[1562] Minister for the Marine (Dr. Woods): I attach great importance to the development of tourist angling on the River Moy system. I recently received two reports about the Moy River, one from my Department and, only yesterday, a major development plan from the North Western Regional Fisheries Board, to which Deputy Calleary referred. The Moy development plan envisages the creation of 300 new jobs centred on fisheries/tourism development and follows my request to each of the fisheries boards to submit firm proposals for the development of the river systems within their areas of responsibility. Both reports place emphasis on the management and development of the Moy fishery, on an integrated basis, with a view to maximising its benefits for the local and national economies.

Netting has been carried out on the Moy fishery for a long number of years. The scientific advice available to me is that it has not adversely affected the level of fish stocks. This is kept under review in the light of the level of fish runs, water levels and so on. This year the level of commercial fishing has been substantially curtailed. In fact the commercial catch to the end of the third week in June was down from 5,200 to 2,500, or approximately 50 per cent. As is customary, traps were not operated during the month of February to allow more spring fish up river and netting was suspended for three weeks this month at the height of the season. This week, following a big increase in the salmon run, netting was resumed in the Polnamonagh station. However, the number of hours netting has been reduced from 24 to eight.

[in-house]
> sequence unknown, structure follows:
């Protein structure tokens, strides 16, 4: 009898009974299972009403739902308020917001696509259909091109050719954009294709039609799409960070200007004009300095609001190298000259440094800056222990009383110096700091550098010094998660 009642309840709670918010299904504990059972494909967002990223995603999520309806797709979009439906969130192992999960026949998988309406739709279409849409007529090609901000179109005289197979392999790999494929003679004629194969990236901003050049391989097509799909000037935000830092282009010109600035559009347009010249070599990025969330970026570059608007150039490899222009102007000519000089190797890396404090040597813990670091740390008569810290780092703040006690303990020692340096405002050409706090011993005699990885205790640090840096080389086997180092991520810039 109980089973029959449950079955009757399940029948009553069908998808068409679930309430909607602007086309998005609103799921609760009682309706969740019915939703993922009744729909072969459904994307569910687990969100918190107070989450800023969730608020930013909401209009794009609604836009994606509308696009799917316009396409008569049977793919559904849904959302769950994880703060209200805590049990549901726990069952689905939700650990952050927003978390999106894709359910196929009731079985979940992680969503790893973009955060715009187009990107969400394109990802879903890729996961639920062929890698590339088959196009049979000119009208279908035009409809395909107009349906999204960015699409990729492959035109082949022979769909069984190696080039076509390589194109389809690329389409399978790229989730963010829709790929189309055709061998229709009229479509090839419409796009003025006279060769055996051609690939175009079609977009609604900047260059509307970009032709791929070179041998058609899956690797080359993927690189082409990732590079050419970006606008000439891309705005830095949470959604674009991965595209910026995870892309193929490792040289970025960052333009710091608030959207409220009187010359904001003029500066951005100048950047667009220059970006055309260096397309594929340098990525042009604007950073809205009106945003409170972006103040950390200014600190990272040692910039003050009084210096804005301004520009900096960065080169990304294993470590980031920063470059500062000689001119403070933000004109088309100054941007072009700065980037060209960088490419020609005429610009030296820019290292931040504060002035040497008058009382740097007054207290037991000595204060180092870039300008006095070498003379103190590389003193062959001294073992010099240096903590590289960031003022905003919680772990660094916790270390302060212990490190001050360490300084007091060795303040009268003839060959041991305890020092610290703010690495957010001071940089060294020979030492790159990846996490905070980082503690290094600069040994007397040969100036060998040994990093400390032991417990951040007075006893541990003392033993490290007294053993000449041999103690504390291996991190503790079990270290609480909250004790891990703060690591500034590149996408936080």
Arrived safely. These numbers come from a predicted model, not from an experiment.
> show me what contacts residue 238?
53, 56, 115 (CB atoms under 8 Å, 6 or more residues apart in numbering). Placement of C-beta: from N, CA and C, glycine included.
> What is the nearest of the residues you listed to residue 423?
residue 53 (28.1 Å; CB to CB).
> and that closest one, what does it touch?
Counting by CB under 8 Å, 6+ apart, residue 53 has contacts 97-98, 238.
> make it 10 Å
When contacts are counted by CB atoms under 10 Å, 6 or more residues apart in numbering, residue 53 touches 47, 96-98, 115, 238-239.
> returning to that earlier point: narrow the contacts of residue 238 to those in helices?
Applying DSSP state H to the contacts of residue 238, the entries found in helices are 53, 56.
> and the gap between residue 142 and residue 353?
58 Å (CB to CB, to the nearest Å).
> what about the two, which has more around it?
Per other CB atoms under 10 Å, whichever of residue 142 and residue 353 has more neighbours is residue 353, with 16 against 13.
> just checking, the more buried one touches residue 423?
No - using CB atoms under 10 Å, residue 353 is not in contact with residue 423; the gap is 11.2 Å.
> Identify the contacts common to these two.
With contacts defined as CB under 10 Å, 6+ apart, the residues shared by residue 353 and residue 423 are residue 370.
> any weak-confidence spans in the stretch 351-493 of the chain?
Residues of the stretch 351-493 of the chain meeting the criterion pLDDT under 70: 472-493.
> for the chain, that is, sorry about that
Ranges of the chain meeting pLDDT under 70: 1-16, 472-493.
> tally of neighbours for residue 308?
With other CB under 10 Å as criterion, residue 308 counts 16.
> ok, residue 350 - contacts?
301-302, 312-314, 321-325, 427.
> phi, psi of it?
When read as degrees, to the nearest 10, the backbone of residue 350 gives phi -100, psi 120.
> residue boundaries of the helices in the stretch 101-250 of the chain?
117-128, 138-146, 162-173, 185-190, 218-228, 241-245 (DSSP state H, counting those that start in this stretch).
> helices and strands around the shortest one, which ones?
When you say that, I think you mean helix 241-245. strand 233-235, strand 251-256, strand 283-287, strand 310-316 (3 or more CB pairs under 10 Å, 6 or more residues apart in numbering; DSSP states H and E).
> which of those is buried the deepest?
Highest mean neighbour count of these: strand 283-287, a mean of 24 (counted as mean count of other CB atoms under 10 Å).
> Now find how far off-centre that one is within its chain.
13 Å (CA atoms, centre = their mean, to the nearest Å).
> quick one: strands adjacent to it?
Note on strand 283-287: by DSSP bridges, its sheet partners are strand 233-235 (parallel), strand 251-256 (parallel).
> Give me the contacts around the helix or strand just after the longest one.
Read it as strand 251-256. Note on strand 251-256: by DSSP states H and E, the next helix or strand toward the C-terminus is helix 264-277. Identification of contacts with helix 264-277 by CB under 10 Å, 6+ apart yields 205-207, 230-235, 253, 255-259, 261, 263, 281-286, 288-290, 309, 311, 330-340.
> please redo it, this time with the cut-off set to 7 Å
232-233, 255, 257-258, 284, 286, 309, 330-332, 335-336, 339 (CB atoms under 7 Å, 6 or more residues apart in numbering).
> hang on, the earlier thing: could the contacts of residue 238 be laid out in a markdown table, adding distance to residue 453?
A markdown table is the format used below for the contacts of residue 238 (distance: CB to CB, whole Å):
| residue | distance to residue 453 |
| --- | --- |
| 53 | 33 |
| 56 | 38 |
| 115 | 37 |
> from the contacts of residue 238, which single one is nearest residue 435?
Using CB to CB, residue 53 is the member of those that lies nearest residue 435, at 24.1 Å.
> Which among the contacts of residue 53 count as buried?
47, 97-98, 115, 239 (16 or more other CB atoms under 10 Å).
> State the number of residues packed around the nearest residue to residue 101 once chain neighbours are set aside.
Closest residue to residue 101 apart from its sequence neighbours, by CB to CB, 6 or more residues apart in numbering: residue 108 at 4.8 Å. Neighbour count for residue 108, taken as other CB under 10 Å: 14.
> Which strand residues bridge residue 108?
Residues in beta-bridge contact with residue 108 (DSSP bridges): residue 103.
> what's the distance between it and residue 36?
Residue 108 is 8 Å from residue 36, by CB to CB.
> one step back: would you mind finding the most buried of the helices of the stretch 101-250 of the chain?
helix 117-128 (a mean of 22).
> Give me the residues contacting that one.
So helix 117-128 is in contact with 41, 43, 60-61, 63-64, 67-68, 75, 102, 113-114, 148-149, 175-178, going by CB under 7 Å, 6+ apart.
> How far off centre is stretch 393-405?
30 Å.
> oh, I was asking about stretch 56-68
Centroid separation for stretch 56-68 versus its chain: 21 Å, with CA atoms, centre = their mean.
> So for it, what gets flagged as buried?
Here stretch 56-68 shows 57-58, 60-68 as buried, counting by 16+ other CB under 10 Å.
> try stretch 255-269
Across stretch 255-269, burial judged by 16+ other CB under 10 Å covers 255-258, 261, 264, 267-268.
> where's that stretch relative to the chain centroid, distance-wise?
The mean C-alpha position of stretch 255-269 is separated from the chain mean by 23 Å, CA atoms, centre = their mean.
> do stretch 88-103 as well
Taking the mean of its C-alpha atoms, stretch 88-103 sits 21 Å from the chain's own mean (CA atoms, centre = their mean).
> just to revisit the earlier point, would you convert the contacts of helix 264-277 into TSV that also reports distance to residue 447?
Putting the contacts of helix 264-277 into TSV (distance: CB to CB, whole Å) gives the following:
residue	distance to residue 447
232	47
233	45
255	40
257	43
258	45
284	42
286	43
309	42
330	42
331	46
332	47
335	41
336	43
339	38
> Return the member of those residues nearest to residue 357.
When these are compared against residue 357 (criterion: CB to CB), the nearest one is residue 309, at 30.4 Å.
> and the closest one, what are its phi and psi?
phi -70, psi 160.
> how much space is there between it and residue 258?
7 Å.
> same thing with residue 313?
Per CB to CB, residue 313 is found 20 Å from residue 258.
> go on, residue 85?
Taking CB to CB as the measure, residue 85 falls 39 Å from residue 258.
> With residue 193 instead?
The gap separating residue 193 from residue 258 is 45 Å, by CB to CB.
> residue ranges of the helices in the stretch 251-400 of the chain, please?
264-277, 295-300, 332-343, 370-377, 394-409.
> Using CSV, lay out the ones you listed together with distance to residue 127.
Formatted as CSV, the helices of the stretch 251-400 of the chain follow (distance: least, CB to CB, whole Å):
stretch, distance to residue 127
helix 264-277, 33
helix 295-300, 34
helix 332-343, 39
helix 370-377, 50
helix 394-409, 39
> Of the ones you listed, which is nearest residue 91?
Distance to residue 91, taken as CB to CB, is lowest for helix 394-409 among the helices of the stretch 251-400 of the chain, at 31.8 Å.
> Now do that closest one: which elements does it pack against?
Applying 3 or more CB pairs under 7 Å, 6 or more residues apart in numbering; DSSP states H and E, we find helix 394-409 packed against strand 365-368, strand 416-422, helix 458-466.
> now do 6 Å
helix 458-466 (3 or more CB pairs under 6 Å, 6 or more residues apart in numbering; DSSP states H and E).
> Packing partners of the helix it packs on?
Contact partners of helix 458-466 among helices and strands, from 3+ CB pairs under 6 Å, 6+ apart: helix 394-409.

I have ordered an urgent review of the planned levels of netting for the remainder of the season to ensure that whatever level is adopted achieves a proper balance between commercial, conservation, tourist and angling needs and the risks to spawning which could arise if the level of escapement up river should be excessive.

Deputy Calleary asked who would take [1563] direct decisions. I should say that the manager would be involved on the advice of the scientific staff, but, as I mentioned, decisions this year have been to reduce the catches and they have been substantially reduced. As a result, the income is down accordingly.

Deputy Calleary asked about the role of the Department of Finance in this. They have no direct role except that the Estimates passed in the House require a certain Appropriation-in-aid, and that will be down considerably now as a result of the easing off of the catches. That [1564] could lead to a deficit of £40,000 to £50,000 by the end of the year.

I am very conscious of the Deputy's concern. I realise the seriousness of the whole question and that is why I asked for an integrated plan for the river so that we can reconsider the Estimates and say that on the basis of allowing more fish up the river there is a greater development in tourism; that will not be reflected in the Estimates here but in the broader creation of jobs, and I accept that.

The Dáil adjourned at 5.40 p.m. until 10.30 a.m. on Friday, 26 June 1992.